The Men’s Health Forum also calls for better engagement of men in weight management programmes, as well as in NHS Health Checks, routine eye tests, and diabetes education programmes, which it says “must be designed and delivered in ways that work for men”.
Usefully, pharmacists are among the health professionals who can refer people at risk of type 2 diabetes to The Healthier You: NHS Diabetes Prevention Programme (NHS DPP) – a joint initiative from NHS England, Public Health England and Diabetes UK that identifies those at high risk and refers them to a behaviour change programme.
Those referred to the service receive tailored, personalised support to reduce their risk of type 2 diabetes including education on healthy eating and lifestyle, help to lose weight and physical exercise programmes, which together have been proven to reduce the risk of developing the disease.
The free NHS Health Check for adults in England aged 40-74 is designed to spot early signs of type 2 diabetes, as well as stroke, kidney disease, heart disease and dementia. Encouraging men to have the check will enable them to take steps earlier to prevent or even reverse type 2 diabetes caught in its early stages.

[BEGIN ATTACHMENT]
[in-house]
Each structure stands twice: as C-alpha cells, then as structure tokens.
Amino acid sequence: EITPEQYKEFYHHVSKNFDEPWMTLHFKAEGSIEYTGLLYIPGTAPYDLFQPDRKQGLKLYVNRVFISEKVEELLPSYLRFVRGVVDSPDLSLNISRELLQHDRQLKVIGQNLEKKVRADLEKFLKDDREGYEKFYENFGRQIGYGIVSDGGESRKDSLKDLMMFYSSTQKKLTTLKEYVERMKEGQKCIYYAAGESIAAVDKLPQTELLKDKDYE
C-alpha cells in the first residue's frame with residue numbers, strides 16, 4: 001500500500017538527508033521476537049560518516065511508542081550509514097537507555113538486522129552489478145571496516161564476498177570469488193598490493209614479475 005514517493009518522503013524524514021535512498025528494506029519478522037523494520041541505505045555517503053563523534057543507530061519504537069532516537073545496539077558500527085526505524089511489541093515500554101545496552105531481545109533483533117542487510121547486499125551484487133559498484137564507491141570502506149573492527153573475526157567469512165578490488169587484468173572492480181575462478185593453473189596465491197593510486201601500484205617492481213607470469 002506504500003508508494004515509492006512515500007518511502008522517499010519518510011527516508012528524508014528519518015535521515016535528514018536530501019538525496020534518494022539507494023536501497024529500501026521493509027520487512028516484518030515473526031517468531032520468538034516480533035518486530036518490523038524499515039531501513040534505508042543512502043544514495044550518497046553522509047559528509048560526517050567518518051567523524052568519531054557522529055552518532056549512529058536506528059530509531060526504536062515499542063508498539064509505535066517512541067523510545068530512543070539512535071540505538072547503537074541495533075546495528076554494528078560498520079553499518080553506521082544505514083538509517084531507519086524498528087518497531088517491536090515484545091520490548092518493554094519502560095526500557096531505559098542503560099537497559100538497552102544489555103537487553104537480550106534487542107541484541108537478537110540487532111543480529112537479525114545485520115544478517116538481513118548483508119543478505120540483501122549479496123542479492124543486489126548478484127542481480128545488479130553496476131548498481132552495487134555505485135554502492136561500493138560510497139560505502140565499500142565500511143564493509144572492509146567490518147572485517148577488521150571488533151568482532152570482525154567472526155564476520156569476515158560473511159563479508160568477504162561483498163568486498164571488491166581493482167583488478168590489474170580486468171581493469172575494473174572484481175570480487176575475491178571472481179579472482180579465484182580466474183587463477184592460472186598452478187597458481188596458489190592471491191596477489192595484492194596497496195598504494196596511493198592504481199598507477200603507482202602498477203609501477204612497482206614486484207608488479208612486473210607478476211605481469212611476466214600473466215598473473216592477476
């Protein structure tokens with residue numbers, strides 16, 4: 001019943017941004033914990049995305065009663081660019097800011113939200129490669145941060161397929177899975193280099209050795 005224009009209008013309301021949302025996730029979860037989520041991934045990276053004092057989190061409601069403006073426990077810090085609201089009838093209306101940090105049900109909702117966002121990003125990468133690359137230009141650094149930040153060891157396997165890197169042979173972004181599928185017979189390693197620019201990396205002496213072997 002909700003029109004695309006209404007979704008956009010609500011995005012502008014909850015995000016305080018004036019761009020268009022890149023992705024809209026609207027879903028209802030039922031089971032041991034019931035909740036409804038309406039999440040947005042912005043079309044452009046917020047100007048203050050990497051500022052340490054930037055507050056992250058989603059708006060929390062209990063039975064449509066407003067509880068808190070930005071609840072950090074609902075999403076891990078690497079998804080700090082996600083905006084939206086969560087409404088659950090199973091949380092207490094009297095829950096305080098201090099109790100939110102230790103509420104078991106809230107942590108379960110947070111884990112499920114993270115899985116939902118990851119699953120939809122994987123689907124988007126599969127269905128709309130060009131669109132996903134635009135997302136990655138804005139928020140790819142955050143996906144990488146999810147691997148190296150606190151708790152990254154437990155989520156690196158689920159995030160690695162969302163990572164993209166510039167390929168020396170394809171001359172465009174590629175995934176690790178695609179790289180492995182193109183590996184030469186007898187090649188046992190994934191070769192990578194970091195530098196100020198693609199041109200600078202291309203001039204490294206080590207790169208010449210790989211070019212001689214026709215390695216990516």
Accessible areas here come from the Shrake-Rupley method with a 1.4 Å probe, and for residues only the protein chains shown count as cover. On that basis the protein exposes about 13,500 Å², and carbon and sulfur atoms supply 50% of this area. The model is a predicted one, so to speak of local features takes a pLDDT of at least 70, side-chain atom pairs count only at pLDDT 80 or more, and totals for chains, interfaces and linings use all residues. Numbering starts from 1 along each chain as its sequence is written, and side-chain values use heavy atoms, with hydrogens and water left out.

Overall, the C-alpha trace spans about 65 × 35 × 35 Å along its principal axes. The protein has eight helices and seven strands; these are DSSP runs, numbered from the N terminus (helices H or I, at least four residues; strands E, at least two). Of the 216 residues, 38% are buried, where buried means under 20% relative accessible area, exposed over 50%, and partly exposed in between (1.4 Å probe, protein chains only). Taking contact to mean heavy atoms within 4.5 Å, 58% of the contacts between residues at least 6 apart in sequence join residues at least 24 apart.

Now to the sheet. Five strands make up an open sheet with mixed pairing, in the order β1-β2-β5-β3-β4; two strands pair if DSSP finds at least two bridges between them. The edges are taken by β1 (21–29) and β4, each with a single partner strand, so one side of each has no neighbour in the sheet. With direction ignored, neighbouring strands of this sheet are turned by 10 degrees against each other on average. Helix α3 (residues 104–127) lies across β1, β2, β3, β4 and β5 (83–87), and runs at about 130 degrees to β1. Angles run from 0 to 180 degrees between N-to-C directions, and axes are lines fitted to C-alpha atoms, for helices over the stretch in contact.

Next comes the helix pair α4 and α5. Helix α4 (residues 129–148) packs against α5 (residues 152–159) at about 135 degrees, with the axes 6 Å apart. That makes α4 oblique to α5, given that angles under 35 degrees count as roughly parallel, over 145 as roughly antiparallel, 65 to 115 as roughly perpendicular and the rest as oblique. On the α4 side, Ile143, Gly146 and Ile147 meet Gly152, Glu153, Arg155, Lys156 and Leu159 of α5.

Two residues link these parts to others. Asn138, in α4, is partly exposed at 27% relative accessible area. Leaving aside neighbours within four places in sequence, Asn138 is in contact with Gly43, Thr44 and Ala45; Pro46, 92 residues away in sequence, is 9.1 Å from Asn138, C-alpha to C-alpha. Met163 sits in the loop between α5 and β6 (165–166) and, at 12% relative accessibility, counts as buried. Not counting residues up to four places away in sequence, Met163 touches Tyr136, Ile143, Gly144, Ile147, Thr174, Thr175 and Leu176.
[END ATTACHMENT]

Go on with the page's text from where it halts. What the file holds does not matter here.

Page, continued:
Although men may be reticent to book an appointment, Pav Kalsi, senior clinical advisor at Diabetes UK, says pharmacy teams can reassure them that it’s a straightforward procedure: “It involves being asked some simple questions about lifestyle, family history, checking weight, blood pressure and getting a blood test to help work out your chances of getting heart disease, stroke, kidney disease and type 2 diabetes. They will then receive personalised advice to lower their risk, such as how to improve diet and the amount of physical activity they do, how to lose weight, stop smoking, and what medicines they need to take,” she says.